On 9 July 2015, the Voivodeship Administrative Court in Warsaw (VAC) (ref. No. VI SA/Wa 285/15) ruled that a marketing authorisation (MA) granted for a combination product, the original API of which had already received an MA, should be regarded as a first MA within the meaning of Article 3(d) of the Regulation No. 469/2009 concerning the supplementary protection certificate for medicinal products (SPC Regulation).

Merck Sharp & Dohme Ltd, the US pharmaceutical company (Merck), is the owner of patent No. PL 196278 protecting sitagliptin used in the treatment of diabetes mellitus (the Patent). The Patent application was filed on 5 July 2002, and the original products containing sitagliptin (sold under the brand names Januvia and Xelevia), were granted MAs in the EU on 21 March 2007.

Pursuant to Article 13(1) of the SPC Regulation, the duration of an SPC (which extends the patent protection for a particular product) is equal to the period lapsed between the date of filing of the application for the basic patent, and the date of the first MA to place the product on the market in the EU, reduced by a period of five years.  In the case of Januvia and Xelevia, no additional market exclusivity would have been granted once patent protection expired, because less than five years had passed between the date of patent application filing and the date of the MA. 

Merck subsequently put a new medicinal product on the market, which was a combination of sitagliptin and metformin, under the trade name Janumet. The MA for Janumet was granted on 16 July 2008. When calculating the SPC period from this date, Merck would benefit from over one year of additional market exclusivity.

Metformin was specified in the Patent at claim 16, which provided that sitagliptin may also include a pharmaceutically acceptable salt thereof, or optionally it can be combined with metformin. In addition, in therapeutic indications for Januvia and Xelevia, metformin was recommended in a dual oral therapy with sitagliptin; this dual therapy was used when diet and exercise plus metformin therapy alone was unable to achieve adequate glycaemic control. Following the Medeva case (C-322/10), a basic patented product combined with an additional active ingredient specified in the patent claims could benefit from SPC protection.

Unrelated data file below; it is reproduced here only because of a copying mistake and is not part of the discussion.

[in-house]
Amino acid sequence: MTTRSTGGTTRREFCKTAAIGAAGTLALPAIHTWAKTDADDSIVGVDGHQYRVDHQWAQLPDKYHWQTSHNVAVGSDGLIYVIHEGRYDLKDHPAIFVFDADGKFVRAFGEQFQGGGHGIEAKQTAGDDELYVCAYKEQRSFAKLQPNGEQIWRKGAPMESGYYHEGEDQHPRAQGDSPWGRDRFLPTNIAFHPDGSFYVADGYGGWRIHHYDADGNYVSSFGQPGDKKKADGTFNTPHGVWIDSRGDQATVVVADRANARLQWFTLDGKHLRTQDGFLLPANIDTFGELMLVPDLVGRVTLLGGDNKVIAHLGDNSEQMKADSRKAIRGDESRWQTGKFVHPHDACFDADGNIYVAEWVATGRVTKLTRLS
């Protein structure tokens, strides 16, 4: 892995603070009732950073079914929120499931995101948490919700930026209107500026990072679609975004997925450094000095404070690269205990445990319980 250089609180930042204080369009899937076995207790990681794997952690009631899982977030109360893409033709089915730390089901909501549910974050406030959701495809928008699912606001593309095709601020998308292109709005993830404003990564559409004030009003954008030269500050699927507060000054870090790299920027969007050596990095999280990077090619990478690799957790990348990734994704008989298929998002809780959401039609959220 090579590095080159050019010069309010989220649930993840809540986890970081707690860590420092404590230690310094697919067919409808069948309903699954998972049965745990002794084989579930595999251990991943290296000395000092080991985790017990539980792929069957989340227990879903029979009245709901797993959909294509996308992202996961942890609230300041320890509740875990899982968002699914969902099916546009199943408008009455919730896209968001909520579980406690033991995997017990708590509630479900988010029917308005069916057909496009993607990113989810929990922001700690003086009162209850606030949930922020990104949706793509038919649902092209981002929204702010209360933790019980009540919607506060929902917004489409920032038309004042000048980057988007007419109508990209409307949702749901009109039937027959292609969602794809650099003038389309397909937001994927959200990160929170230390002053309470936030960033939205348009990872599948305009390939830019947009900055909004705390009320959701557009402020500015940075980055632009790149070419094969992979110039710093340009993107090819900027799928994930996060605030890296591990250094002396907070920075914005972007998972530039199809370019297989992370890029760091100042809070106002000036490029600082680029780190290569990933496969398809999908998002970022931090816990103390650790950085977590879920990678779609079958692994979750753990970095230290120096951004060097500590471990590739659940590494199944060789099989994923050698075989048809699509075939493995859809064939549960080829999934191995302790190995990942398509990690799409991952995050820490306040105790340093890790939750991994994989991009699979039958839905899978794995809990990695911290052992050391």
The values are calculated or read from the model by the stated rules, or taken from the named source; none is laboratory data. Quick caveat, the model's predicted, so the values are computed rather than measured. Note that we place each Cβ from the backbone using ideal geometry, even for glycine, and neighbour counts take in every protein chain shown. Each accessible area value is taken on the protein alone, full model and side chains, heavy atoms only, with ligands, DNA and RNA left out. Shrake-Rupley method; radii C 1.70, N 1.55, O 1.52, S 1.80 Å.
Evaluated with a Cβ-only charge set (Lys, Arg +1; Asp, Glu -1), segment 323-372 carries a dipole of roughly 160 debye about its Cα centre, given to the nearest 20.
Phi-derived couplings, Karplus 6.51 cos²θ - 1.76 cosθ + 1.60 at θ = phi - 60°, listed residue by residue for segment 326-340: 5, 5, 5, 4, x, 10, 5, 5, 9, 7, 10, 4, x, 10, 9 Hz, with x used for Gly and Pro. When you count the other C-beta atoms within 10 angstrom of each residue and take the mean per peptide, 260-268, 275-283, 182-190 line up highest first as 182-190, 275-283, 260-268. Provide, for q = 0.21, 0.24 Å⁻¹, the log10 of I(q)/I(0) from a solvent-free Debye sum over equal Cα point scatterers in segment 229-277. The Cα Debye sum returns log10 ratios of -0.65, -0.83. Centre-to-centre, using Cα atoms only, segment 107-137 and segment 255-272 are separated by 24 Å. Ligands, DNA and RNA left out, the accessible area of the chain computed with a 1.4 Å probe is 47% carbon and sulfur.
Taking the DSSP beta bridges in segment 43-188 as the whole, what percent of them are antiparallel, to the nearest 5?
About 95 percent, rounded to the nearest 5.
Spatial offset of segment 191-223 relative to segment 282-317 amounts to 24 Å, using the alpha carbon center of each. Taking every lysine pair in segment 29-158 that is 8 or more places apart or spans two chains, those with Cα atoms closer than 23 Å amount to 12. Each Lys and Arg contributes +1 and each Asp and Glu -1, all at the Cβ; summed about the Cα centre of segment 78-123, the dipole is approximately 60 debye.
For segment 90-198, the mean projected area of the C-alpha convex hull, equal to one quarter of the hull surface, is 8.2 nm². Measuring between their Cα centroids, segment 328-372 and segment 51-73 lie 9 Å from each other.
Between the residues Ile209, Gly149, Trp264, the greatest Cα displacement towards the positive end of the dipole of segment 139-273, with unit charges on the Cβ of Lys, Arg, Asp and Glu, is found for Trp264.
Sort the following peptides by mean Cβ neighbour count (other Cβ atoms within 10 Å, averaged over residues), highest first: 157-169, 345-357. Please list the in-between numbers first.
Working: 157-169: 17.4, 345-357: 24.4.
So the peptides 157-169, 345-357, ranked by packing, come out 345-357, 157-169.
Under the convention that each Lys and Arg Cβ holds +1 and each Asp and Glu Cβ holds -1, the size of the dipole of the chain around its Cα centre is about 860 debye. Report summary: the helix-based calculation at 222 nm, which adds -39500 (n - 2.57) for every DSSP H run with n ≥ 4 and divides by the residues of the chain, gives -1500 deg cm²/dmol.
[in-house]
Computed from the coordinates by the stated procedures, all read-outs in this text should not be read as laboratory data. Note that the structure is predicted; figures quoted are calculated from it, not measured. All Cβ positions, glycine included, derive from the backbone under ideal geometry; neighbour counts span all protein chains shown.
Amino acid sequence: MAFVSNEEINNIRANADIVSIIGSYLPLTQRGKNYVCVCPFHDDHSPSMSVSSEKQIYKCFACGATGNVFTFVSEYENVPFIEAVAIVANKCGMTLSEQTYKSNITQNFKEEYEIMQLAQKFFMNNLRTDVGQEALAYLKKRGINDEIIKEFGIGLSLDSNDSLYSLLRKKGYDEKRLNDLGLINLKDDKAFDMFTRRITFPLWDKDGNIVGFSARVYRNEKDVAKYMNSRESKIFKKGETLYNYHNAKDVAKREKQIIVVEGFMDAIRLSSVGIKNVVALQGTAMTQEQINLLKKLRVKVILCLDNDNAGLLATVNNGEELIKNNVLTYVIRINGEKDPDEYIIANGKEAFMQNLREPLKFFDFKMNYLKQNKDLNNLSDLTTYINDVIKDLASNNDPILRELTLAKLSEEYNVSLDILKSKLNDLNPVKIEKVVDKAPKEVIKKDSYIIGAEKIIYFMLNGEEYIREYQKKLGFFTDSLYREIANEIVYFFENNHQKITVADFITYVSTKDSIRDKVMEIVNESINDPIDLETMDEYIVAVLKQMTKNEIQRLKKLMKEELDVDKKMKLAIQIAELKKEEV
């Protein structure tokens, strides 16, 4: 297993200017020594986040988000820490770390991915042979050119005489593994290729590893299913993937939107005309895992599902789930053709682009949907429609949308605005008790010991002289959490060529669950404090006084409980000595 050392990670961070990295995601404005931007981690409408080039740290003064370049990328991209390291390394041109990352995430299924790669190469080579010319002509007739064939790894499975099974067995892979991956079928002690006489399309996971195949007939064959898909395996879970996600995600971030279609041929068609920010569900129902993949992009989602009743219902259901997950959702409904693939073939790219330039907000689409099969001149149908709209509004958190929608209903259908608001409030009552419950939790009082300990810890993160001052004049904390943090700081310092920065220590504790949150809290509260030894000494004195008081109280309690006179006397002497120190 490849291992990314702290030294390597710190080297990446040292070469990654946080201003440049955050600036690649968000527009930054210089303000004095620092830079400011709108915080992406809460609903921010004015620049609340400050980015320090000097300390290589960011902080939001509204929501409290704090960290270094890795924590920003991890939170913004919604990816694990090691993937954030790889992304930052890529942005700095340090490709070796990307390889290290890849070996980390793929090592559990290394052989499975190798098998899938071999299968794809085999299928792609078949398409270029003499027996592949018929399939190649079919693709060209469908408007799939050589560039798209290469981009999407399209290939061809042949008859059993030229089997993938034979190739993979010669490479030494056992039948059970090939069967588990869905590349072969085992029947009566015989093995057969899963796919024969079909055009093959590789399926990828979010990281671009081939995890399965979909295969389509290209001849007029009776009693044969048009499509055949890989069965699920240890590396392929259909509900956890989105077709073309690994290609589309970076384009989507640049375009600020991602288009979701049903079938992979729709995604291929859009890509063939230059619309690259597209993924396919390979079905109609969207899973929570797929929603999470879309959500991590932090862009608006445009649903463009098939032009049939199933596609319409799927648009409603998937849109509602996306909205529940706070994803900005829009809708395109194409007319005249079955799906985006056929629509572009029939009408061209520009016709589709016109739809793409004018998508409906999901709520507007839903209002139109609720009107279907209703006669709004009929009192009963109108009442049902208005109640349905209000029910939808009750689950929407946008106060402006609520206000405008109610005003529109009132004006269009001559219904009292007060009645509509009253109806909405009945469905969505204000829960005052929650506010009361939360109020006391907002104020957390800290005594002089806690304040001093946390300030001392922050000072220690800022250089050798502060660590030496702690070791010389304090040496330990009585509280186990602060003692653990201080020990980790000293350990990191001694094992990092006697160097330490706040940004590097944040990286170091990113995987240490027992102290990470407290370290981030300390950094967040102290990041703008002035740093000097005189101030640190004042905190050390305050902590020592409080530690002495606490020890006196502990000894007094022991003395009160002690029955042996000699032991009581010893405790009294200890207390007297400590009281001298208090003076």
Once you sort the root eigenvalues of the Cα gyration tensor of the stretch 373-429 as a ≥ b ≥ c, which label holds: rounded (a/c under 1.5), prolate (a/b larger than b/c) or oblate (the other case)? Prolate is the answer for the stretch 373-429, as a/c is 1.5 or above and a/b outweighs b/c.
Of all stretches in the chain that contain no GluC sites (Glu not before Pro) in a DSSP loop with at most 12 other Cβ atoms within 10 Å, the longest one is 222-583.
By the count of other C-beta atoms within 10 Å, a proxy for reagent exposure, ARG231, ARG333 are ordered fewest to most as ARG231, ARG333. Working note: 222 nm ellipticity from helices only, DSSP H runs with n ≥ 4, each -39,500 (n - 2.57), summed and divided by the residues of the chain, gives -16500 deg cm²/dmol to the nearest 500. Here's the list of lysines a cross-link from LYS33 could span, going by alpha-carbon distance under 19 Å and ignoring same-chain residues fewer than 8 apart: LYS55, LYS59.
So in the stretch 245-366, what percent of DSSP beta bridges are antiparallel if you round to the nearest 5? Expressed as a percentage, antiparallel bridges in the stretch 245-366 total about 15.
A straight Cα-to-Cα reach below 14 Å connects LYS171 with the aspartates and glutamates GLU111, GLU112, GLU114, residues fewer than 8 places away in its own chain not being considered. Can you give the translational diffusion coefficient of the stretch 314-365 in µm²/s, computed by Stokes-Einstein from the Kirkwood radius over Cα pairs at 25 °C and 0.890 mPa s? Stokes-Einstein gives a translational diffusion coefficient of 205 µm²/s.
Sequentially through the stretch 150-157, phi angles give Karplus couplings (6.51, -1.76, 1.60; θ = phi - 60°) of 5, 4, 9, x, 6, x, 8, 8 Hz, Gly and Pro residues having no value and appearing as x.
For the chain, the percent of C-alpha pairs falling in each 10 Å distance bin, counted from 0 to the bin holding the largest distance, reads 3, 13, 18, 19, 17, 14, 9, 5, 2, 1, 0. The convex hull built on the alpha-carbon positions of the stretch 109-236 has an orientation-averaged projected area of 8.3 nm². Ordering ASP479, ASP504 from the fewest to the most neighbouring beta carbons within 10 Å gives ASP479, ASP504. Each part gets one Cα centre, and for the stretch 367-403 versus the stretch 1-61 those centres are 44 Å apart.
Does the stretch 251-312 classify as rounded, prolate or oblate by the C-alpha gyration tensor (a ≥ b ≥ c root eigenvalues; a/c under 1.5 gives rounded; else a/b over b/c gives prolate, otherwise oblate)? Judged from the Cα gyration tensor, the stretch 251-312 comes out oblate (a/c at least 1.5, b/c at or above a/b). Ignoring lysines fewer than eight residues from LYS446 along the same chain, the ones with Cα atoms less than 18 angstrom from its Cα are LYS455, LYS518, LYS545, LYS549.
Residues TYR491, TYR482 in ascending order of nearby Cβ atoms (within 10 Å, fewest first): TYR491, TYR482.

However, the Polish Patent Office (PPO) refused to grant an SPC for the Patent because in its view the first MA in accordance with Article 3(d) of the SPC Regulation had been granted on 21 March 2007 for Januvia and Xelevia. The PPO argued that Janumet was not a new medicinal product because the combination of sitagliptin and metformin was already commercialised in a combined therapy. 

In the PPO's view, this combination did not provide any difference in the use of the patented product, and thus could not form the basis for an extension of patent protection.

In considering Merck's appeal from the PPO's decision, the VAC held that, contrary to the PPO's position, the first MAs for Januvia and Xelevia should not be taken into account. This was because the meaning of MA, in the sense of Article 3(d) of the SPC Regulation, concerns a particular product, not any product protected by the patent. In the VAC's view, Januvia and Xelevia were different "products" to Janumet within the meaning of Article 1(b) of the SPC Regulation.   

As a general rule, an SPC can extend patent exclusivity up to 15 years at most to reward investment into pharmaceutical research and the time spent on acquiring the patent and MA. In the case at hand, patent exclusivity was extended to 16 years from when the first patented product was put on the market. The VAC court ruling is final and must be followed by the PPO when reconsidering the case on granting the SPC for Merck's product, Janumet.